I am sitting on the outside deck at Liliana’s with a beautifully made coffee before me. Serious money has been poured into renovating the 101-year-old O’Possum Creek public school, set on a rise at the junction of Friday Hut and Possum Creek roads. The place positively gleams with fresh paint, primary colours, smart chairs and inside a clean clear space with high ceilings and chandeliers. To arrive I threaded my car through rainforest along the sort of treacherously narrow winding hairpin-bended hinterland roads with which we have by now accustomed ourselves, the dampness of the morning wreathing the soft air with wisps of mist.
Liliana’s has not been open long, the latest offering to the Shire’s dining scene and, according to owner/manager Joanne Hammond, already attracting enthusiastic customers, especially on weekends. I have yet to dine there but the well-credentialed chefs, Sydney boys who have worked respectively at Fuel Bistro and Brasserie Bread, have composed an alluring menu of contemporary dishes – chermoula-spiced lamb rump; white chocolate panna cotta; interesting salads – which make the notion of a long lazy Sunday lunch out there enchanting. It deserves to do well – as to be sure do all those restaurants young and old whose single-minded focus is on providing a beautiful experience of true hospitality to their customers; who pour passion into food, decor and service; who work the long hard hours for minimal profit.
And yet, while the prospect of a country restaurant off the beaten track appeals to the romantic in most of us – while memories of travel are often emblazoned with that great dining experience that was stumbled upon (the plain farmhouse, the isolated village, the forest hideaway), the reality of running such an operation is decidedly less rose coloured. The absence of passing trade, the vicissitudes of the weather, the physical distance: these are just some of the challenges.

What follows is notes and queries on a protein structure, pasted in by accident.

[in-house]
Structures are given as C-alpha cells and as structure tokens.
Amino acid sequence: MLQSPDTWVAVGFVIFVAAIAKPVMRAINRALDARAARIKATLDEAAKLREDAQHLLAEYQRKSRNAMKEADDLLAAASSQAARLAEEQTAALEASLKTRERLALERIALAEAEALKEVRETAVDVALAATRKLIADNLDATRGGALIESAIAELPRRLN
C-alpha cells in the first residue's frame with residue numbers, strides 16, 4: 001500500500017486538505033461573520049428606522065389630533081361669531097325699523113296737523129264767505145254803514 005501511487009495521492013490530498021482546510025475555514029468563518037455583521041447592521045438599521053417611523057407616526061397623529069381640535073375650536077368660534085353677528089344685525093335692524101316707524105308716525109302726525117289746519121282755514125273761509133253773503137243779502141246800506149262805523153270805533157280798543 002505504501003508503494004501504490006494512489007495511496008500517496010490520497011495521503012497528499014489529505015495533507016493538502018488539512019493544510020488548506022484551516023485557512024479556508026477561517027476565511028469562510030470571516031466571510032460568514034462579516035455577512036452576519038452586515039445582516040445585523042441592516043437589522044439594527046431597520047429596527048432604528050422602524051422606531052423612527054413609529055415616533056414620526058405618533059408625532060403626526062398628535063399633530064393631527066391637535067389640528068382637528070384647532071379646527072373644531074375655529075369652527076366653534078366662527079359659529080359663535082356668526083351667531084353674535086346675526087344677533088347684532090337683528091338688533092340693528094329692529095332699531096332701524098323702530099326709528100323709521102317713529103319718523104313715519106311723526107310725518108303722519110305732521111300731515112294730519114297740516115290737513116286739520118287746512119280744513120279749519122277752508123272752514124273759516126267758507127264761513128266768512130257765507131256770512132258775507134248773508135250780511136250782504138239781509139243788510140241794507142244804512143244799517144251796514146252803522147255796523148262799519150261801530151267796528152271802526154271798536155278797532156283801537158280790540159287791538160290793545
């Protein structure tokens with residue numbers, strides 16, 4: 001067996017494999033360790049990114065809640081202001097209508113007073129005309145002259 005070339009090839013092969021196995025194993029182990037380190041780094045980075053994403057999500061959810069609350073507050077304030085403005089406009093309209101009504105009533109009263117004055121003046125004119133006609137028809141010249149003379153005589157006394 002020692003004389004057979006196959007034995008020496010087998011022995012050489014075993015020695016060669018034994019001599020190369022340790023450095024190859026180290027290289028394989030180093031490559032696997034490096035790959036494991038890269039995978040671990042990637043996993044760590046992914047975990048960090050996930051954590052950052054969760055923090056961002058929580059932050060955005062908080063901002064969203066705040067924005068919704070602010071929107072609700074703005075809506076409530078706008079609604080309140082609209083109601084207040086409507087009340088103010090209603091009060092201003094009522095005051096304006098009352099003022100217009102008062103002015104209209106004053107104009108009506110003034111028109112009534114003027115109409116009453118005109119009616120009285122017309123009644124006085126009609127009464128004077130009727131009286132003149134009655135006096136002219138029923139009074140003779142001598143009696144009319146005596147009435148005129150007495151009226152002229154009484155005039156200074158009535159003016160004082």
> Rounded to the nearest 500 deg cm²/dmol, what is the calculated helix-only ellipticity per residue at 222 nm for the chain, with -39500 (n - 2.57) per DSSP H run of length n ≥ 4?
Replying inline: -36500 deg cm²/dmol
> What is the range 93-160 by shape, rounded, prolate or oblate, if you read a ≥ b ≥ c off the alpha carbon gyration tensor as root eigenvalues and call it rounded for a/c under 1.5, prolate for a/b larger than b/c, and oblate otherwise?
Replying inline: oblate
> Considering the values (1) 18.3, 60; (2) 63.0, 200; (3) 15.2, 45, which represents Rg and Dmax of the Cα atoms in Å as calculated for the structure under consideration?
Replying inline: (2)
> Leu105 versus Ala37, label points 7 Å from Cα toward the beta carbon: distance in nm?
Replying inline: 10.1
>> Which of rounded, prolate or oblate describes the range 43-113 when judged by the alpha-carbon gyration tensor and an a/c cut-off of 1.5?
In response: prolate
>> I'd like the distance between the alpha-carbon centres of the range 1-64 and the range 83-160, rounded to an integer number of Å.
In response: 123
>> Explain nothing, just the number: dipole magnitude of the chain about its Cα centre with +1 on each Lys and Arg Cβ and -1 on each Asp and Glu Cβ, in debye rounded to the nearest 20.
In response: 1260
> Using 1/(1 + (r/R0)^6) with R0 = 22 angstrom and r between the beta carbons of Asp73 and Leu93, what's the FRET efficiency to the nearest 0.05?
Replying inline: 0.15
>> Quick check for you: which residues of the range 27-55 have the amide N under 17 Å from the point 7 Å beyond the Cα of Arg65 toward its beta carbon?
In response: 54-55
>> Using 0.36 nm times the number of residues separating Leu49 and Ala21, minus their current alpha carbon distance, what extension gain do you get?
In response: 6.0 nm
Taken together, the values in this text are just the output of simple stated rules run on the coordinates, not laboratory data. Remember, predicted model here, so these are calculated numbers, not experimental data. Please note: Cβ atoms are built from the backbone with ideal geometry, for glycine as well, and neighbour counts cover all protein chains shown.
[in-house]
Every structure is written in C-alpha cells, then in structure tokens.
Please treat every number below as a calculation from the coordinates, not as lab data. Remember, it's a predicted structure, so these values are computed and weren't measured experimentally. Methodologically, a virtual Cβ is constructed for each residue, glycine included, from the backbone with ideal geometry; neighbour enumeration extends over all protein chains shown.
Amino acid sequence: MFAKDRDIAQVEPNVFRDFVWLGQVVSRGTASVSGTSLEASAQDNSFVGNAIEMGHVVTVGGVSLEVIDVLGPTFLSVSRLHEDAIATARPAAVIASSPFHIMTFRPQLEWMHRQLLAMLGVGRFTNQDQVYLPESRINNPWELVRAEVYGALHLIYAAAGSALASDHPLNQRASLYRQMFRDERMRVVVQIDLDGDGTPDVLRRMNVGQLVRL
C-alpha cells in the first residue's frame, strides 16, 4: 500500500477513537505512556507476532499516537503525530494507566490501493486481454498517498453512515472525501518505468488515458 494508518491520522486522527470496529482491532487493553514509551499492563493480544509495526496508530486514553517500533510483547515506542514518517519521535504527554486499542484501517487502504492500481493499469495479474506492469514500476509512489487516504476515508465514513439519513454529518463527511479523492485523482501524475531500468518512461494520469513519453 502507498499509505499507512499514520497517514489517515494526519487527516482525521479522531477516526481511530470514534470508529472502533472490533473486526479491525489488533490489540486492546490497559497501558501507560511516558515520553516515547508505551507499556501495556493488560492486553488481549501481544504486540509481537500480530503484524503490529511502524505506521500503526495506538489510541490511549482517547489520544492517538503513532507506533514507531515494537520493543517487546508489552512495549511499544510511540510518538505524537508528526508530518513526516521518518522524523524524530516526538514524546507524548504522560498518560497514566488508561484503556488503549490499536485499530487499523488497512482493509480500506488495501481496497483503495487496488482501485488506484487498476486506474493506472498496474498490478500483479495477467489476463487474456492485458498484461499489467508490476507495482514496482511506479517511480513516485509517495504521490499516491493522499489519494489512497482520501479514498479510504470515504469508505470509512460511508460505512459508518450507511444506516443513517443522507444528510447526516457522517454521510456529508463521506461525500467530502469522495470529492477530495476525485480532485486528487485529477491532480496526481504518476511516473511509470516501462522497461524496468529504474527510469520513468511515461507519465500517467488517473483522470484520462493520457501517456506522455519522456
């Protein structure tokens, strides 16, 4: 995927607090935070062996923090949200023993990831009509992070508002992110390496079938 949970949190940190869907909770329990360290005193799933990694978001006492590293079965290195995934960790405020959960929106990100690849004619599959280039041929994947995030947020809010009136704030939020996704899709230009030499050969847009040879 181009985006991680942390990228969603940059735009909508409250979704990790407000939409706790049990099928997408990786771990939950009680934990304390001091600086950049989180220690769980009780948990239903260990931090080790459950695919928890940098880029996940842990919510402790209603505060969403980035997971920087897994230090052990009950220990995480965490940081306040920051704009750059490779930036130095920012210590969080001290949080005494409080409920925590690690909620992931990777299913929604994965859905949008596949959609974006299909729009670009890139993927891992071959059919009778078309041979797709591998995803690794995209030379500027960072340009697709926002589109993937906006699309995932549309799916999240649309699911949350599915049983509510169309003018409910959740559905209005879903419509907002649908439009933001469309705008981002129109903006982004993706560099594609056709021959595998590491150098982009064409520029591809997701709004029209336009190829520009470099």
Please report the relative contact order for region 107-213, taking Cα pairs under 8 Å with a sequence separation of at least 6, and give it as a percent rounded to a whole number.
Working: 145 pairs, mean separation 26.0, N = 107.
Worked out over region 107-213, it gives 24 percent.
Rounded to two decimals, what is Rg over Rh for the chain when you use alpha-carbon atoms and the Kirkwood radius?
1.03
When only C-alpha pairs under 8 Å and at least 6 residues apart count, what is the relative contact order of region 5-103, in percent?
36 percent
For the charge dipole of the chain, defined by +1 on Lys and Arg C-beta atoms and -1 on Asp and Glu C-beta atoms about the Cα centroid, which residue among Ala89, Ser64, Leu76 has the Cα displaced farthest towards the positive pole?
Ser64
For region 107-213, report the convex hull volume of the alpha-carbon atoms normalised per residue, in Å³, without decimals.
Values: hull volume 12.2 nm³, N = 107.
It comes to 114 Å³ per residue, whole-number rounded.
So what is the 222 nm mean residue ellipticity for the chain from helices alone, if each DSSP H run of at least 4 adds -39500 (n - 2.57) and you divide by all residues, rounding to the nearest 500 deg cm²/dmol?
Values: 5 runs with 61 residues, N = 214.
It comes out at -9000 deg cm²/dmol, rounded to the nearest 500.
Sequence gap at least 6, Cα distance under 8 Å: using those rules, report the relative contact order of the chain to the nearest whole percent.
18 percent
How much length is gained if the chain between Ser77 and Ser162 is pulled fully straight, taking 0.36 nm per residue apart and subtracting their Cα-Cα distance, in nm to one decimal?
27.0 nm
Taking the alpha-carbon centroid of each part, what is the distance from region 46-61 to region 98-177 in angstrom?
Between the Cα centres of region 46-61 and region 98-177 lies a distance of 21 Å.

The ones that persist and survive I simply admire, and return to time and time again. Harvest Cafe is rarely less than lovely, although like Figtree just outside Byron Bay just scrapes in as a destination restaurant – by which I mean that a maxi-taxi might convey a group of you there within financial feasibility. I will aways adore Che Bon at Tintenbar, the barn-like space beside the old church where owner Pascale, a small tattooed pixie, brings house-cured salmon and wickedly divine potato bakes and Cotes du Rhone to your table, explaining the specials in her beautifully flawed English. In another church is 561 Alphadale, a grand and lofty space at a crossroads in the middle, it feels, of nowhere, where young chef Peter Fleming serves grown-up, glamorous food and throws in the occasional sublime degustation nights. Near Mount Warning is the old Queenslander that houses Mavis’s Kitchen, upon whose verandah I have often dined from a menu which celebrates the bounteous garden of produce below, hand-plucked, you may even witness, by a chef with a basket over one arm. There is the Tumbulgum Tavern by the river back of Murwillumbah whose tables must be booked for Sunday lunch, so popular it is. And another pub, the Eltham where, last heard, the incomparable Graeme Stockdale (ex-Utopia) is sending out fabulous, better-than-pub food.
There are more, although not many, and they all deserve to be sought out. Was this not one of the many many reasons we chose a country life over a city life? Destination restaurants need our patronage.